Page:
Home Cosmetic Science Talk Formulating Advanced Questions Math equation for pH adjusting?

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• # Math equation for pH adjusting?

Posted by on February 1, 2022 at 3:28 pm

Would someone be able to help me out with a math formulating question?
With formulas that we adjust the pH in, is there a specific equation we can use in order to figure out how much pH adjuster to put in with the entire formula? Rather than adjusting the pH at the end of formulation and diluting the active ingredients. Making the pH adjuster included to the totals (100%) of the formula.
For a more detailed example, say I have 2% of an active ingredient in a formula. At the end I use ‘x’ grams adjuster
(50/50 CA or TEA for example; anything), which ends up being 0.4% of the total formula to get the desired pH.
But now my active ingredient is diluted and can no longer be said it is at 2%. What equation can I use in the future so I know how much pH adjuster to use from the very start?

replied 1 year, 9 months ago 4 Members · 4 Replies
• 4 Replies
• ### oldperry

Member
February 1, 2022 at 3:36 pm

There is not really an equation you can use.  But what you can do is to use the principle of “q.s.”

So, in your formula your active would be used at 2%. Say you have water at 97% and then your acid would be listed as q.s.

You would figure out over time how much acid is really needed to get the pH that you desire. Sometimes it might be 0.5% which would bring your total formula to 99.5% (97 + 2 + .5).  In this case you would also top it off with 0.5% water to get to 100%.

There might be another case where you need 0.8% acid to bring it to your desired pH. Then your formula adds to 99.8% and you’d have to add 0.2% water to get everything to even out.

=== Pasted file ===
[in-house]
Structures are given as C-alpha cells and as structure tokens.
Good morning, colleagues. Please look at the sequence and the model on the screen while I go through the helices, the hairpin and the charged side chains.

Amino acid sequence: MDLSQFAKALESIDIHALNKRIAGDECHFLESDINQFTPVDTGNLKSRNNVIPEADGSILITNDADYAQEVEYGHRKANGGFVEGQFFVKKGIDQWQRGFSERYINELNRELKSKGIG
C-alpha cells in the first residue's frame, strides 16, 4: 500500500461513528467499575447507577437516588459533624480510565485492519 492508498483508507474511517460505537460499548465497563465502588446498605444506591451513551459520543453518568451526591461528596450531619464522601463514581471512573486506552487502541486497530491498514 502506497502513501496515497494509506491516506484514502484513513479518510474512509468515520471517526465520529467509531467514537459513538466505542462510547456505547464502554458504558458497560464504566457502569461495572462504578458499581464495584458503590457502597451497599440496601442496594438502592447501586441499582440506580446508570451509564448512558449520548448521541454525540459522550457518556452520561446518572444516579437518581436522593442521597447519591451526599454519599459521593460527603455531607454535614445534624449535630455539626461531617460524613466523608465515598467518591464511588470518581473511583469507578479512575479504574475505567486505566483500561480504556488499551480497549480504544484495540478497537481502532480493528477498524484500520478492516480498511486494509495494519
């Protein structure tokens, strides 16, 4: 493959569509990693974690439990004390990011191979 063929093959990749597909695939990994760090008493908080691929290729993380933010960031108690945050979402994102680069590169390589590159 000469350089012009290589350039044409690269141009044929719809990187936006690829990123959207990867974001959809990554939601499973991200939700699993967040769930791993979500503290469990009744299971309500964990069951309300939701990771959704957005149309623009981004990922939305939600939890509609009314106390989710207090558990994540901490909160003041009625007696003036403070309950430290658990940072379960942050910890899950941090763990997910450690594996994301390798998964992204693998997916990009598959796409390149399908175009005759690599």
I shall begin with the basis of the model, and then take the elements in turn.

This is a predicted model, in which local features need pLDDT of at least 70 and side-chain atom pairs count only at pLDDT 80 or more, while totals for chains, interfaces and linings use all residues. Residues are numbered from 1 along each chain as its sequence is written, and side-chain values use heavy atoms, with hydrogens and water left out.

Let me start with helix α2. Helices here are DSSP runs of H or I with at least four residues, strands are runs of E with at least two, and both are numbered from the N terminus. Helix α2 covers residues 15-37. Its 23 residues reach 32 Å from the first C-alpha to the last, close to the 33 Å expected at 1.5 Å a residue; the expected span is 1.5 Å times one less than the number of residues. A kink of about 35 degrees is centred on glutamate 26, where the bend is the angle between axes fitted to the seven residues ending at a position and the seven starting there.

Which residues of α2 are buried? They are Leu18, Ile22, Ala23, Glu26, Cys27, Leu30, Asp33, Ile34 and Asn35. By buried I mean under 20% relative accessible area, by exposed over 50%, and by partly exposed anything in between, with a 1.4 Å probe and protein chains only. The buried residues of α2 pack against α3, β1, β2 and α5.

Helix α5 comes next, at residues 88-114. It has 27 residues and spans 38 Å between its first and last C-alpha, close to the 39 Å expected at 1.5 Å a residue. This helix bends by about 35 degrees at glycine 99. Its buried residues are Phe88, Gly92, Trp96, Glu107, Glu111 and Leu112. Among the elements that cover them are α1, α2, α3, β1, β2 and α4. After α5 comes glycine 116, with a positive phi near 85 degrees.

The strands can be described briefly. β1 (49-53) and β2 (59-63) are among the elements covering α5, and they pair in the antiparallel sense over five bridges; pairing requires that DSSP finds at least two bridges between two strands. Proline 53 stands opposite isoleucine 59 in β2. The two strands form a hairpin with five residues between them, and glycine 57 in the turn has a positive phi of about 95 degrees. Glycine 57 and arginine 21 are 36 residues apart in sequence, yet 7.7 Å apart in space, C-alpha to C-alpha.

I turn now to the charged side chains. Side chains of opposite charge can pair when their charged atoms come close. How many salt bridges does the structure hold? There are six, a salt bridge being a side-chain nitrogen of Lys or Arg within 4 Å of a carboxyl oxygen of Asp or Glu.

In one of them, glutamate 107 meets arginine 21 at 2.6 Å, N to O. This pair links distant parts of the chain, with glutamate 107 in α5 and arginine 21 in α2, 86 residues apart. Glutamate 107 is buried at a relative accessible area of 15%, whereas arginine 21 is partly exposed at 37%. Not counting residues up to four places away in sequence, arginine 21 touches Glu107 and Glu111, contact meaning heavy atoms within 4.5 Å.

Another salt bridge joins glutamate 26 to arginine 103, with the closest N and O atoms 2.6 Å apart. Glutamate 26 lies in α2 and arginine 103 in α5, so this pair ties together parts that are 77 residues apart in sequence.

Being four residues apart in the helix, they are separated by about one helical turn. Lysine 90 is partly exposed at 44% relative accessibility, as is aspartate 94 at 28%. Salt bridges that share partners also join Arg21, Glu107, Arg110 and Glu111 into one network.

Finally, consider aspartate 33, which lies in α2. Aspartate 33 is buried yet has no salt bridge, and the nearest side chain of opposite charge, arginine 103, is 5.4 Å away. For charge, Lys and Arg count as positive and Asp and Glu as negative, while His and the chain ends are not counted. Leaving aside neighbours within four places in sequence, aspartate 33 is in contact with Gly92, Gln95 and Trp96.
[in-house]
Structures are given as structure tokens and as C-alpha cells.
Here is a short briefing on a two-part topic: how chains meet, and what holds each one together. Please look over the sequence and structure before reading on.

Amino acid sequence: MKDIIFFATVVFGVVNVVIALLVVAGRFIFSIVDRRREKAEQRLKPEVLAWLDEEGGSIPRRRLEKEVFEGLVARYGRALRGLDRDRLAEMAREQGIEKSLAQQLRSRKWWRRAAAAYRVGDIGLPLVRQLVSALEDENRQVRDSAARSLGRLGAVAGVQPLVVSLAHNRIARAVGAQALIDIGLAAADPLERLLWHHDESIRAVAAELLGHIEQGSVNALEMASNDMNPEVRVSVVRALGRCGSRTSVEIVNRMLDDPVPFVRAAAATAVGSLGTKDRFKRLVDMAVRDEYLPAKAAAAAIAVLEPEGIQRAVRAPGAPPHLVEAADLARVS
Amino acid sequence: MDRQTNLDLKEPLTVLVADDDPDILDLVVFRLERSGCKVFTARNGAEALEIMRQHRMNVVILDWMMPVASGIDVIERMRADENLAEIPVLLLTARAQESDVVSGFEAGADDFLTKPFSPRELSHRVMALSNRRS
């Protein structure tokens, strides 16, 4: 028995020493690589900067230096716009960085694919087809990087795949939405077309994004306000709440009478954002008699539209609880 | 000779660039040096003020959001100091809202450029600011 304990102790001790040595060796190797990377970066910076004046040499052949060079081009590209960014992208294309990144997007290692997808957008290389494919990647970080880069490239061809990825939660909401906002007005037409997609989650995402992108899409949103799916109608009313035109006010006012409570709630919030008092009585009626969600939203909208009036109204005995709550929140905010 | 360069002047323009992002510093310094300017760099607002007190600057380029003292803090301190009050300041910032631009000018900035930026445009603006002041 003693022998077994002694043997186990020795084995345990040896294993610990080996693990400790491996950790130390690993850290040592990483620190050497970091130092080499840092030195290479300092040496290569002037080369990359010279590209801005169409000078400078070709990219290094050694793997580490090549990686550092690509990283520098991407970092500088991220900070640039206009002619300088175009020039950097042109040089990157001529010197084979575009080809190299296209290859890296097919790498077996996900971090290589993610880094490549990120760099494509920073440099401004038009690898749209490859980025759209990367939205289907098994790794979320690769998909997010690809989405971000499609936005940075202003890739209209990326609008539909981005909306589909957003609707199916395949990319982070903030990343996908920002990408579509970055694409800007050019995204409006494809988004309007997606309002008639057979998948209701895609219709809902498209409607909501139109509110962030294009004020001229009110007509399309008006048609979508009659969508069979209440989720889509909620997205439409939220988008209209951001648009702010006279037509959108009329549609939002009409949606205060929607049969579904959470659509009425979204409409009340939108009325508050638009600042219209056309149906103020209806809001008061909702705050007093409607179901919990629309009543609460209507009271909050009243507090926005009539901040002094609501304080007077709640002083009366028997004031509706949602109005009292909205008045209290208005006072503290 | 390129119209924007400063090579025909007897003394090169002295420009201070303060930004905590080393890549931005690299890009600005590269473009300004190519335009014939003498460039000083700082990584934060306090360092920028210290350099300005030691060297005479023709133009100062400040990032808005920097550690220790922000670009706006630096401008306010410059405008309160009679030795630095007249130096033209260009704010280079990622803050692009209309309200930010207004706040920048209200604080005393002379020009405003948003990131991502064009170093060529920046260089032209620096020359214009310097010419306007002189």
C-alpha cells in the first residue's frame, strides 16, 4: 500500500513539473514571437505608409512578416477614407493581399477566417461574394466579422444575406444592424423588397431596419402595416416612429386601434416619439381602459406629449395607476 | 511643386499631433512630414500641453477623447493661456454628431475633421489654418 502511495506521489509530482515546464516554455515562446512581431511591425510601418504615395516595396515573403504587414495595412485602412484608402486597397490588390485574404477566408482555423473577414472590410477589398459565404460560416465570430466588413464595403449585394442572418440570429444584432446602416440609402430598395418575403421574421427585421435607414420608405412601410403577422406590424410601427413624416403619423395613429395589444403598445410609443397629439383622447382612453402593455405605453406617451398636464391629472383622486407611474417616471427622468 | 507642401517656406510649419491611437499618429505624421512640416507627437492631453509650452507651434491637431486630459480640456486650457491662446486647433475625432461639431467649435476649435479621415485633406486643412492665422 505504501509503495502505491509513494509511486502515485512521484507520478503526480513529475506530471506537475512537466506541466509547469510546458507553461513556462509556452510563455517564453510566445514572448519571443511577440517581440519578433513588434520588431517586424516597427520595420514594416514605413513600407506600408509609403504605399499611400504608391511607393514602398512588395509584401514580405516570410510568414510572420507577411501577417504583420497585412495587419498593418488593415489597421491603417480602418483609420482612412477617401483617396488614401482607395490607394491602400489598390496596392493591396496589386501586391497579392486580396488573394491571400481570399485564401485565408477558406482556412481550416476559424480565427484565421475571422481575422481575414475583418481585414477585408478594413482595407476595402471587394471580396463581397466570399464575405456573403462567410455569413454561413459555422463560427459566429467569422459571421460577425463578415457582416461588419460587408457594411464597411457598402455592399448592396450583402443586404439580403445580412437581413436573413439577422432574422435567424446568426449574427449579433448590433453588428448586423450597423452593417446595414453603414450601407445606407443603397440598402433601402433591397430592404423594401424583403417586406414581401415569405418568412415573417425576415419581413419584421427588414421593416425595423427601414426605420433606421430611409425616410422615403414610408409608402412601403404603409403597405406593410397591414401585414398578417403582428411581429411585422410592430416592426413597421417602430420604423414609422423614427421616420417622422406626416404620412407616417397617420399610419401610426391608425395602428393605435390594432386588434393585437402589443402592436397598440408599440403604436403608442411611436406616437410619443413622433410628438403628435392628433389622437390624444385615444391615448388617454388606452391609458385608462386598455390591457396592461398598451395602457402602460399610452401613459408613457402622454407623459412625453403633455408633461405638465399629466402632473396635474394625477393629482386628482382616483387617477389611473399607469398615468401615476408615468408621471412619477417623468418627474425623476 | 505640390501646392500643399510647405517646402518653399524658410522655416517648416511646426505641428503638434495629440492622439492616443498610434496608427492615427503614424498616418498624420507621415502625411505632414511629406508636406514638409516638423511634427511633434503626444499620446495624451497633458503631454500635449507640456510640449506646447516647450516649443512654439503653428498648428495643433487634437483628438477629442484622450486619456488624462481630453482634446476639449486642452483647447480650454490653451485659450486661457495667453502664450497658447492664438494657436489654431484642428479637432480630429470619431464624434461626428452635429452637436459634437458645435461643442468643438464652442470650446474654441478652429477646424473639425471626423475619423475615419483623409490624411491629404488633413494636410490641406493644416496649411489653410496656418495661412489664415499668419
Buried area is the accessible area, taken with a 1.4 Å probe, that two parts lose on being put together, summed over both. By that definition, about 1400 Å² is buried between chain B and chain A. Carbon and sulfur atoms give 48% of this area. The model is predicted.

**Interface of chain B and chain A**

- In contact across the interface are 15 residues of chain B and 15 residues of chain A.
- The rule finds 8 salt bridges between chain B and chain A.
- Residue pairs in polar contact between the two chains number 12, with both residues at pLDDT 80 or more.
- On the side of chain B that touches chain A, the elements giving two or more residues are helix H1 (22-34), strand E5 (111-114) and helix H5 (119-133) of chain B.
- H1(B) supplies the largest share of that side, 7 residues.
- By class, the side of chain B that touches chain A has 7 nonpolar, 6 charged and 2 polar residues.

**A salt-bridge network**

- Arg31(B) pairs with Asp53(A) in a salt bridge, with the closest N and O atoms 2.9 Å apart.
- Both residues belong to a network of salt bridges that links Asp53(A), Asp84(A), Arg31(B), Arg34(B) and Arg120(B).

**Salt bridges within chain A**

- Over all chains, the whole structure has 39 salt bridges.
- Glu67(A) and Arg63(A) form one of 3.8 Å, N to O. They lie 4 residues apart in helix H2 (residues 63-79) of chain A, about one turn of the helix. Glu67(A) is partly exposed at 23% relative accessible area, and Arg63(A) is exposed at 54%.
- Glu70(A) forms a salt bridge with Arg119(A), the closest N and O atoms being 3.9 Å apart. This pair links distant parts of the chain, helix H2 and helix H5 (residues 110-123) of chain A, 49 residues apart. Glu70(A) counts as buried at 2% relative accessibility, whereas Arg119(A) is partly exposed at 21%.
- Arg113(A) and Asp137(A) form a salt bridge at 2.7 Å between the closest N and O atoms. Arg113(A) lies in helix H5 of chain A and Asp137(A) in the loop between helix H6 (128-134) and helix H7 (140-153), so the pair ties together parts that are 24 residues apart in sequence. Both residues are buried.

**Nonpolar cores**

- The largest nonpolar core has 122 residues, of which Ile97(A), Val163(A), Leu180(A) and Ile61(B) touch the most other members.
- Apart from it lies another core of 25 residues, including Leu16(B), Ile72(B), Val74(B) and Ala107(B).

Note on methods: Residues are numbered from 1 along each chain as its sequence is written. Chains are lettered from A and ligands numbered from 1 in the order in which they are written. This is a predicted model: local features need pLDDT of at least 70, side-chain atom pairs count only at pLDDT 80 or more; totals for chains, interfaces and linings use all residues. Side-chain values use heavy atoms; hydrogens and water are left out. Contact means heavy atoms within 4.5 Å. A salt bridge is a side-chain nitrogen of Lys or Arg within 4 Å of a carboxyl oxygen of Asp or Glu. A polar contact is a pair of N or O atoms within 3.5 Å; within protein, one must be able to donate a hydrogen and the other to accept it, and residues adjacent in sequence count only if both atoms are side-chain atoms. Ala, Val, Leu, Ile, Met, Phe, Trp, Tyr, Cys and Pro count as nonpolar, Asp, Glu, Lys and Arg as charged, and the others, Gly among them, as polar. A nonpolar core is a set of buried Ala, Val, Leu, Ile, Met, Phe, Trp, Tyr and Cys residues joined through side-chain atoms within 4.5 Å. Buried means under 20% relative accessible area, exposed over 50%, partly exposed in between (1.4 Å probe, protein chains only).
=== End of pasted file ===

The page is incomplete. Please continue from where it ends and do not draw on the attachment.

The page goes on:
As long as you leave a volume for the acid suitable for adjustments (1% should be enough) then you can always keep your active ingredient to it’s desired %

• ### siouxchem

Member
February 1, 2022 at 4:26 pm

@Perry This is so helpful! So basically just a small water discount in the beginning and replace what is left over at the end to make 100% after adjusting pH.
Thank you much for the detailed and quick response. It is very appreciated!

• ### CedarS

Member
February 1, 2022 at 6:14 pm

From experience on working on a scale up currently, you really can’t always say ‘use x’ because sometimes your raw materials will vary. I had a surfactant that would pass when it came in at 8.8 but then a batch came in at 6.5 (still within CoA specs) and we had to adjust based on that, which was a change.

So it varies!

• ### fekher

Member
February 2, 2022 at 3:48 pm

I agree totally with @CedarS so @siouxchem
May Math equation  pH can help for prediction a near value(and may not also because it contains a lot of suppositions) however it will be more accurate and even easier to do the desired experience may a suggestion to have just your adequate borders for having a start point is seeing the molecular mass for every reactif and their coefficients in the reaction equation.